He was reading Confessions of a Justified Sinner and enjoying it; he had got it from one of the many second hand bookshops that litter the streets of Lincoln. The previous owner was obviously not a particularly clean person because there were black stains on the book; not a great many just the odd splash. He was not sure what the blackness was, possibly ink, but they had a kind of damp smell as if of decay, it was not a strong smell but it was insidious nonetheless, and whenever he walked into his front room he caught a slight whiff of it. He tried to rub the blackness off with his finger but it had permeated itself into the page and would not go. He hurriedly finished the book and gave it away to a local charity shop.
He enjoyed his first day at work, he was quite nervous to begin with, but the rest of the staff seemed friendly. His manager was called Dave and was easy going and cheerful and the other three members of the team were women, at least one of whom, Laura, was extremely attractive with pale white skin and dark hair, and with a lithe body and a small bosom; nothing like Cheryl who had been blonde and curvy. Most importantly Laura did not seem to be attached to anyone; well she wore no wedding ring and mentioned no significant other. In the aftermath of the Cheryl affair he had sworn off all romantic relationships but that was in another country, and if the wench wasn’t exactly dead she was a long way away.
That night after watching some television he picked up Pamela which he was reading now. To his disgust he noticed those same black stains that had disfigured his previous novel. He wondered if he had bought it from the same bookshop; possibly they had both previously belonged to the same person. He shuddered slightly but carried on reading about the trials and tribulations of Pamela Andrews.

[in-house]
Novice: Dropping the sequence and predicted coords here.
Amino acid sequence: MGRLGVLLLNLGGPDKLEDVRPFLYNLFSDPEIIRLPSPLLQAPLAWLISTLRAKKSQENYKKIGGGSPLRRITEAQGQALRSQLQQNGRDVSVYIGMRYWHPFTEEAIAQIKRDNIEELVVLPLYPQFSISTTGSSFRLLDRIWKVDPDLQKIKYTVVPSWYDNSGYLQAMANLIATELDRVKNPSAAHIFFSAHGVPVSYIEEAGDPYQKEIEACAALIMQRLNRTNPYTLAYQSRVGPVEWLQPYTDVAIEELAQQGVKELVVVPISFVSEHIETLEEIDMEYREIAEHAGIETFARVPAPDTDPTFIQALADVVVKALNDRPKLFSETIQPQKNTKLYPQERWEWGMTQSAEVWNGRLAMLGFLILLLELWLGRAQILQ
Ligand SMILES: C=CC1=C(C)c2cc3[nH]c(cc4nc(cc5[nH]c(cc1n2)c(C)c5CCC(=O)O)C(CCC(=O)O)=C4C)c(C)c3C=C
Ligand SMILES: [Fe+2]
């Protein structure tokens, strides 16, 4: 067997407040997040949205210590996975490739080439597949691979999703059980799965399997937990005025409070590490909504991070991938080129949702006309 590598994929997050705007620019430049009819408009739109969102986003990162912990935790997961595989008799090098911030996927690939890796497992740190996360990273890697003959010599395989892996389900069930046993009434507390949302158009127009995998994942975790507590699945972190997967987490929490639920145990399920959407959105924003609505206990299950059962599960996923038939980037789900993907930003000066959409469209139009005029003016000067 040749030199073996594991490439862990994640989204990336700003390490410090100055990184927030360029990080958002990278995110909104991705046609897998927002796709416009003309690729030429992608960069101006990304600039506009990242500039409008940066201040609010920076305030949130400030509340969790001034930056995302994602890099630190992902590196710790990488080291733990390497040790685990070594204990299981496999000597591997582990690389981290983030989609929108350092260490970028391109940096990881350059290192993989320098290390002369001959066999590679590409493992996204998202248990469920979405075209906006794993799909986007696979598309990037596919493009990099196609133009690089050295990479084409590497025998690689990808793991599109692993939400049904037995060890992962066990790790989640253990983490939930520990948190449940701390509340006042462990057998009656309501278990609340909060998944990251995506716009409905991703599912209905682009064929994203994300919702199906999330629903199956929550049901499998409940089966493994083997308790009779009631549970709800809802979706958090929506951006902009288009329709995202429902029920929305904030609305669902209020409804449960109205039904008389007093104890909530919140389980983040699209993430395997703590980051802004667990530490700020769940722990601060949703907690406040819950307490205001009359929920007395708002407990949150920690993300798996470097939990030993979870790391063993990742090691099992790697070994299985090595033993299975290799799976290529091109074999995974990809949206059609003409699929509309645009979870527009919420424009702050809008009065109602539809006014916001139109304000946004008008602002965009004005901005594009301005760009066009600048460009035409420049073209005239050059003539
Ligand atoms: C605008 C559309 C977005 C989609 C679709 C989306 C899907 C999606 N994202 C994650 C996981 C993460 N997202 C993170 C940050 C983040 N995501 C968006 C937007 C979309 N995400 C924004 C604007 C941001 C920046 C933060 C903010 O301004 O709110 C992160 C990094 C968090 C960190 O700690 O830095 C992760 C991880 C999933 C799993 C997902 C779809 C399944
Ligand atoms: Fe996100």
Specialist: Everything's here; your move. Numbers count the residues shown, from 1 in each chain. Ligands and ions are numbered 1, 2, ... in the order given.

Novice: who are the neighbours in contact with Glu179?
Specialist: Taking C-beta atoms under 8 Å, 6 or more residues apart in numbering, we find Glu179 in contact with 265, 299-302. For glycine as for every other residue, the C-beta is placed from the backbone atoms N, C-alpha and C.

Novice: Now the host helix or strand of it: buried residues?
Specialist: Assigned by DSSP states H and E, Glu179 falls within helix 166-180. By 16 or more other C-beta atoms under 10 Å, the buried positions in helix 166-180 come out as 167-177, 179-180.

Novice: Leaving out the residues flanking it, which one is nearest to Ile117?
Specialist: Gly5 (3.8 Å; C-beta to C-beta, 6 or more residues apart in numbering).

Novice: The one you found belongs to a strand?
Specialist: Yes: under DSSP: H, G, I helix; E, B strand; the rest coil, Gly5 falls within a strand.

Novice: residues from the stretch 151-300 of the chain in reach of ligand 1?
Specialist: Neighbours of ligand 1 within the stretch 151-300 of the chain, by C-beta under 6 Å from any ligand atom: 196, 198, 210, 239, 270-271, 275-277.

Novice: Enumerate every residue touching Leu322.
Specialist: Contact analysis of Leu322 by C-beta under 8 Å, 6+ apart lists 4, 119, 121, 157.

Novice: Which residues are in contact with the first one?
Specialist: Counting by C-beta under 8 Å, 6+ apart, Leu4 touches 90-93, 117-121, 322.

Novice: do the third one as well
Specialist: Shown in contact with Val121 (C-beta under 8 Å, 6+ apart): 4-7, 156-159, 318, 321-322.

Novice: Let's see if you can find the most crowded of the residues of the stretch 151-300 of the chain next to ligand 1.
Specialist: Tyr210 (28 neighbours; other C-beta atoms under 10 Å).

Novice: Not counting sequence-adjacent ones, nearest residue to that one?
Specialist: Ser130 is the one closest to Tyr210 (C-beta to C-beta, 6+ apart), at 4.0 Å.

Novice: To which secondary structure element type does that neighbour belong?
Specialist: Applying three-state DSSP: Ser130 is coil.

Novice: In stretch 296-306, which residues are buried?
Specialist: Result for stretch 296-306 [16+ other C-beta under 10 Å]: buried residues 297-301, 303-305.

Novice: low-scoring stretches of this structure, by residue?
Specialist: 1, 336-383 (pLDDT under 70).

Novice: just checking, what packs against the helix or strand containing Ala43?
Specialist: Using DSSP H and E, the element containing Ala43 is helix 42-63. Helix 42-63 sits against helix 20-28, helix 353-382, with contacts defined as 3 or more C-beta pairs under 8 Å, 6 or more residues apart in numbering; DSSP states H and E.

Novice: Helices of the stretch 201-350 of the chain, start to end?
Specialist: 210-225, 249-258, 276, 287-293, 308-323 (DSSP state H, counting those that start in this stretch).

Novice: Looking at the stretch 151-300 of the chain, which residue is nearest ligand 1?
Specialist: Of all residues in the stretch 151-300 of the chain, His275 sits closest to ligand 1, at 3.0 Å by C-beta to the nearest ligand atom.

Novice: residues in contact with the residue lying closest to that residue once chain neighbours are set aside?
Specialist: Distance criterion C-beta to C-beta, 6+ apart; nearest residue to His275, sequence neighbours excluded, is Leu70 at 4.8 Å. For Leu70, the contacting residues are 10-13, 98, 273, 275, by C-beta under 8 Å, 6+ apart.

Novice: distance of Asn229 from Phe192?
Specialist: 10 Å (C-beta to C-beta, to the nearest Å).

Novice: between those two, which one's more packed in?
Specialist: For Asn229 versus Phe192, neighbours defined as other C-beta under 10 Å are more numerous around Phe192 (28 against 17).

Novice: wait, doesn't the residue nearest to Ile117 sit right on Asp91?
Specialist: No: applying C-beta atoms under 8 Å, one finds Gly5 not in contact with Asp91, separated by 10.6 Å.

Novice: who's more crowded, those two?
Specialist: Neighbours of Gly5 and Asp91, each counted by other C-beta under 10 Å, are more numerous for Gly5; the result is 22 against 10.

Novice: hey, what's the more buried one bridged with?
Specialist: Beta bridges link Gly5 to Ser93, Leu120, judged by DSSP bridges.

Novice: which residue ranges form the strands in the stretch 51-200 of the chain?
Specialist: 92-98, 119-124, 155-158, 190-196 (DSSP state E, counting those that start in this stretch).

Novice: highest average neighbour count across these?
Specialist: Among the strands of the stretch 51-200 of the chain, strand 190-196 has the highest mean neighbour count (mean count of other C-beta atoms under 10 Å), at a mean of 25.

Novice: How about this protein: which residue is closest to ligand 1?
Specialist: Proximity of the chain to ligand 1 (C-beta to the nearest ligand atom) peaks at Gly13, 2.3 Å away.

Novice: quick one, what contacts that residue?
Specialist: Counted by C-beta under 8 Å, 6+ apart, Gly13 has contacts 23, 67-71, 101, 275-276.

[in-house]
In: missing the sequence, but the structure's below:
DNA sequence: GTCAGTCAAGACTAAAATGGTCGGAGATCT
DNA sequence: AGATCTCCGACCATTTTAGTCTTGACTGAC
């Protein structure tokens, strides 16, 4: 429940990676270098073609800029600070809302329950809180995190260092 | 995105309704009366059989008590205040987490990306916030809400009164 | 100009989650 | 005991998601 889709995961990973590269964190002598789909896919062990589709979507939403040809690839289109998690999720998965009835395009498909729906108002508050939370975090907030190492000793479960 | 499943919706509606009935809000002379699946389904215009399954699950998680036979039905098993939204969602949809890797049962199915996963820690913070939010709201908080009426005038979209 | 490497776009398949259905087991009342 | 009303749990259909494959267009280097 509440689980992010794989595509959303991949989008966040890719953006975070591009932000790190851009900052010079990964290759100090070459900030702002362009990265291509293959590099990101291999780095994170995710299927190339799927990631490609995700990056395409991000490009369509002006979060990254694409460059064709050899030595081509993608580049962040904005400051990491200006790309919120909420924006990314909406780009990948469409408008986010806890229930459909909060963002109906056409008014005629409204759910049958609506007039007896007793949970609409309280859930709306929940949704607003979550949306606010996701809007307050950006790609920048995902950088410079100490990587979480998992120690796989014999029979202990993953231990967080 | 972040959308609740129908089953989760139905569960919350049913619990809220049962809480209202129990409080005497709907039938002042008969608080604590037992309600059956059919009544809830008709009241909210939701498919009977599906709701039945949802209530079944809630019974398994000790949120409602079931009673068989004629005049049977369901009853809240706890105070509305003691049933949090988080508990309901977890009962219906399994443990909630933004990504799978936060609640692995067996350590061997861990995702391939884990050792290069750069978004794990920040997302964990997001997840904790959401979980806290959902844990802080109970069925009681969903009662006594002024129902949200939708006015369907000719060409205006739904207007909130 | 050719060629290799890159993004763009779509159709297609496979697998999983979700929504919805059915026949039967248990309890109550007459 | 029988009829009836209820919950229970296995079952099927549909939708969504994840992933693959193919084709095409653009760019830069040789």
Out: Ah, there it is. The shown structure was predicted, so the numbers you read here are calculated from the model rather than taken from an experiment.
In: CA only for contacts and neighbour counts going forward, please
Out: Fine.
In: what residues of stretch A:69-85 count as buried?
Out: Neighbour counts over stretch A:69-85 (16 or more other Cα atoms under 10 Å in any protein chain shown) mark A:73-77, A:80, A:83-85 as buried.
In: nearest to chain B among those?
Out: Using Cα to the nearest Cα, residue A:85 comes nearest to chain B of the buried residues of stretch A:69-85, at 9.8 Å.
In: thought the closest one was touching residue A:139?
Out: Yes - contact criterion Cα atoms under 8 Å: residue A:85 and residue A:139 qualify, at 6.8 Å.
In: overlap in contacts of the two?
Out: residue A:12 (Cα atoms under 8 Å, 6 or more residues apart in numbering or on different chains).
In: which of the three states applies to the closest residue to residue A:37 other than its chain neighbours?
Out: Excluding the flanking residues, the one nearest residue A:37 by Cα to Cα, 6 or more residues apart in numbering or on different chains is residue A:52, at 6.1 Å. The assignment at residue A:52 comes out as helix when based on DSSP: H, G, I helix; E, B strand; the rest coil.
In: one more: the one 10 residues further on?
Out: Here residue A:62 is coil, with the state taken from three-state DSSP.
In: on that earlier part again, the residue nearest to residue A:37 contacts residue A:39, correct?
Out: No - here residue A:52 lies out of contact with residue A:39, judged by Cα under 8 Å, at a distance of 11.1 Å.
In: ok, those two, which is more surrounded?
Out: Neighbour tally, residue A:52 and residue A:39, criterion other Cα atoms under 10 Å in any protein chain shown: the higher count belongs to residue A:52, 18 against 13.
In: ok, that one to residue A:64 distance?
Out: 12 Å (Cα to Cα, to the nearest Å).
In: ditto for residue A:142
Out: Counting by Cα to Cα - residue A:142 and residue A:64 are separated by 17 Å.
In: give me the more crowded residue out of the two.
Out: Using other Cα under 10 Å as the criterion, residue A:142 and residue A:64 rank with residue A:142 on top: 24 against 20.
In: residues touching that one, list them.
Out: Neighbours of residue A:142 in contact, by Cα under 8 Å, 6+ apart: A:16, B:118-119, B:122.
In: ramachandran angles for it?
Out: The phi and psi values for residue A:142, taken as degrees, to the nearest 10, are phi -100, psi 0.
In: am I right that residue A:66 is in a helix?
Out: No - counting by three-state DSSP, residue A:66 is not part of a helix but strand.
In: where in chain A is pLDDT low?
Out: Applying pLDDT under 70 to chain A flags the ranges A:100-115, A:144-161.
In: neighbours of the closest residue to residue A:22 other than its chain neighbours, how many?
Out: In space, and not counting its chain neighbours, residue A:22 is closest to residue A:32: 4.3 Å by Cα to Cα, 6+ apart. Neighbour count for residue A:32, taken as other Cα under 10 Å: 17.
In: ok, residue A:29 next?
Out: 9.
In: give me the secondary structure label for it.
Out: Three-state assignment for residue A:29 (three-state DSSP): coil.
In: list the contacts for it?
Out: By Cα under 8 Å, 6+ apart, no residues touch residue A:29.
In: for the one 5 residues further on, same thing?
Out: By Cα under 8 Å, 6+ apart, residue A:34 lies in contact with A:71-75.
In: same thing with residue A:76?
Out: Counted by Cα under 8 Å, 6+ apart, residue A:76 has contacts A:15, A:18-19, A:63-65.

On Friday afternoon he was looking at an 1845 Ordnance Survey map of North Liverpool; someone had written asking them to find the whereabouts of a Primitive Methodist Church in the Kirkdale area of Liverpool. As he examined the map he noticed a small black stain on the map; just a tiny one where the church was marked. And then there was that faint damp smell again. He quickly got out the digital camera they used and took a photograph of the relevant part of the map and put it away, desperate that nobody would see it.
Could the stain possibly be from him? He thoroughly washed his hands in the staff toilet; pouring more and more soap onto his fingers. And yet he could not see any black on them, his fingers looked pristine. Perhaps he was just being fanciful, imagining himself as some kind of Cain with his mark and the hands of every man turned against him, or maybe Midas in reverse. After all he had been through a lot with one thing and another. However for the rest of the afternoon he continually looked at his fingers but they remained unblemished.
That evening there was an email from Cheryl waiting for him, the first time that he had heard from her since moving to Liverpool. She said that she forgave him and was trying to move on with her life and hoped that he was doing the same. He was going to reply, but could not think of what to say so in the end he deleted it and made his tea. As he read Pamela before going to bed he noticed to his relief that the pages were clean.
The following week he began to make strides with his colleague Laura. As he had thought and hoped she was single, apparently she had ended a long term relationship about six months ago and now lived alone. They chatted about classical music and English literature subjects on which he could hold his own. She seemed to enjoy his humour and his erudition. He had realised a long time ago that he did not have a deep knowledge of anything, but he knew a little about a lot of things and certainly enough to impress people who did not know him particularly well or who were not particularly well educated.